This is a bittersweet play, with plenty of laughs and a good deal of pathos. We see the decline of these once-bright stars and feel their disappointment, but we also see their resolve in resetting their expectations and finding new ways to live. When one is offered the chance of a new life away from the home, it is both upsetting and absolutely right that she turns it down.

Cassie Tillett’s direction could do with a little more urgency (as could the scene changes), but it feels shorter that its two and half-hour run. This is a surprisingly powerful piece and a great chance to see some experienced talent back on stage.

Waiting In The Wings continues until July 20, 2019 at the Sewell Barn Theatre, Norwich


This show did not have an auspicious start – six performers milling around the stage, sharing in-jokes and nattering away – but appearances can be deceptive.

Led by Olivia Sweeney as narrator Jessie, this mixed troupe of musicians and actors combine fluidly to tell a rambunctious story of love, life, and loss, at blistering pace and with fierce emotion.

Sweeney dominates, striding lankily around the stage all mouthy and boisterous – at least on the surface. Her aggressive Leeds tones are met by the sublime voice of Robyn Sinclair as rising artist Allie; given her exceptional vocals, it’s a role that doesn’t need much acting.

Writer James Meteyard plays a vital and redemptive bit part, alongside Megan Ashley, Ben Simon, and Chris Georgiou, who predominantly work the audio side of the piece with occasional small speaking parts.

It’s a style that has been termed gig theatre, but to label it is to cheapen it: what Electrolyte is, is exceptional storytelling. While sharper audience members may guess the key twists ahead of time, the delight is in Meteyard’s script: an extended poem that despite its dominant rhymes feels entirely unforced in its delivery.

This isn’t tricksy, affected performance poetry, it is skilled and pleasurable writing in a theatrical tradition that goes back to the iambic pentameter and the rhyming couplet. This is a story of youth, pharmaceutical excess, a search for family, and switched perceptions: hardly alien concepts to Shakespeare, who also threw in the odd song – and no one calls him gig theatre.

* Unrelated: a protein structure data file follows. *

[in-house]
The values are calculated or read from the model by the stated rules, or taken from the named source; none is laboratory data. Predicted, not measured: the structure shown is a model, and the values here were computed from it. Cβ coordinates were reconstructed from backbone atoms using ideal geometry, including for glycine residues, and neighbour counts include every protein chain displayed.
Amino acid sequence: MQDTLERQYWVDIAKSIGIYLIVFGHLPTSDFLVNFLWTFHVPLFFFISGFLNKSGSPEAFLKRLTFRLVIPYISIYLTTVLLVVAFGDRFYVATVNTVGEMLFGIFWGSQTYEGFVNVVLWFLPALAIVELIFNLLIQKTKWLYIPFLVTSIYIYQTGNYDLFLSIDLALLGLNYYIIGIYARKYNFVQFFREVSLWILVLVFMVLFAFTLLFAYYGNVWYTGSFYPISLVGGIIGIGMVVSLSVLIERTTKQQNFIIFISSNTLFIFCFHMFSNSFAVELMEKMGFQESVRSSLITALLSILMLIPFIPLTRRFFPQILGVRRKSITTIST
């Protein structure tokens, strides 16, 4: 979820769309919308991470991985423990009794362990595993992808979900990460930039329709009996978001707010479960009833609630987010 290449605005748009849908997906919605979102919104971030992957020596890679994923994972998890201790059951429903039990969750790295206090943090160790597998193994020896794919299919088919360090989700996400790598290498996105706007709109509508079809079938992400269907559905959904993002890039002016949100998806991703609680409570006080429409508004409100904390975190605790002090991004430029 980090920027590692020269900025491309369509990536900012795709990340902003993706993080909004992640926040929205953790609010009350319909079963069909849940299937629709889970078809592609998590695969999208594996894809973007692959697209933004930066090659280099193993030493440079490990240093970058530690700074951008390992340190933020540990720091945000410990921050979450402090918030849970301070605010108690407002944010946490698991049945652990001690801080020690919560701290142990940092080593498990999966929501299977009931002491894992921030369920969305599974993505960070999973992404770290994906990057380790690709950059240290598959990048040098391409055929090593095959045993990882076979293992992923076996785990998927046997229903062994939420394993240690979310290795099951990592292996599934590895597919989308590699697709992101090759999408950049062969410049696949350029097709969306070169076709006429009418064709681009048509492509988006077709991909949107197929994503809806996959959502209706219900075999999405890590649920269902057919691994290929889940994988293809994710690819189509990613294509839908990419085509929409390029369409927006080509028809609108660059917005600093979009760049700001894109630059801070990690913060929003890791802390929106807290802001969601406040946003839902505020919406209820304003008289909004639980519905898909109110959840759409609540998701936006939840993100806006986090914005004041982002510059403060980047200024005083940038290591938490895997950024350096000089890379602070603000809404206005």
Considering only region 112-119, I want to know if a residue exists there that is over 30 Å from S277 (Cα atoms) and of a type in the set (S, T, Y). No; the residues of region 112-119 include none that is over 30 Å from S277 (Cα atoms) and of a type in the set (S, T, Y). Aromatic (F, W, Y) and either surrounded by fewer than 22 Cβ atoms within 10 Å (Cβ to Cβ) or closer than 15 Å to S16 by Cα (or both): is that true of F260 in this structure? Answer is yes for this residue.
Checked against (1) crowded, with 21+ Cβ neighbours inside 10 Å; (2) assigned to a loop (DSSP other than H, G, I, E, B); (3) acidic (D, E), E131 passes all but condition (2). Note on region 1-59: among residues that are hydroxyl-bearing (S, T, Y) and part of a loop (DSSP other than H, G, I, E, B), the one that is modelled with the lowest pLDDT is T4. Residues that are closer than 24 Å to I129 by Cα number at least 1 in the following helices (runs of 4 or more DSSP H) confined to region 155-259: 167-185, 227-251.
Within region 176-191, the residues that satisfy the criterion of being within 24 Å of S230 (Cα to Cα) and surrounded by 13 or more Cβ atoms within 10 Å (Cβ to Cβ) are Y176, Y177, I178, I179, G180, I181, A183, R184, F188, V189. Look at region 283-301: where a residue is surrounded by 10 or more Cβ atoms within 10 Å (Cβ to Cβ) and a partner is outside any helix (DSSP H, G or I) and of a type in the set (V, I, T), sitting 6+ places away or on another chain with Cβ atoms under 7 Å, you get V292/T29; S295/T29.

Donnacadh O’Briain’s direction is disarmingly smart. While there is undoubted tension and drama, in between scenes and at the edges of the action the cast remain extraordinarily warm and informal, playful as genuine friends. We are lulled into the theatrical deceit, making the emotionally wrenching events played out all the more impactful.

This isn’t a show to see for its format or construction though. It’s a show to see because it is exceptionally well written and performed and because like the best theatre, it takes you places you didn’t expect to go.

Bells and Spells

All is not what it seems in this glamorous and enchanting show, that offers a gentle and lulling mix of humour and beauty.

Aurélia Thierrée is the light-fingered lead, gliding through a series of surreal vignettes and compulsively stealing items as she goes: jewels, clothes, table lamps, loofahs – anything she can get her hands on.

She achieves these feats through dexterous sleight of hand and optical illusions: disappearing into thin air to escape a pursuit through a revolving door, repurposing a bejewelled lamp shade to become a tiara, using a closed umbrella as an impromptu net for her bounty.

Thierrée makes instant costume changes before your eyes, slips in and out of tapestries, and transforms a room full of hatstands into a skeletal chimera that she rides off into the flats.

In one scene she becomes part of a painting and her head becomes decapitated, bouncing up and down above her body before that too becomes disconnected from the background, allowing for body swaps with a man and a pug. It is silly, simple, but infectiously fun to watch.

This is deliciously light fare in the main, reminiscent of old school music hall magic that is heavy on clever lighting, physical placements, and limbersome bodies and pleasingly bereft of bombast.

The show is directed by Thierrée’s mother Victoria Thierrée Chaplin and co-stars Jaime Martinez as an occasional love interest stroke mark. His dance and tap provide occasional interludes to the confounding dramatic scenes.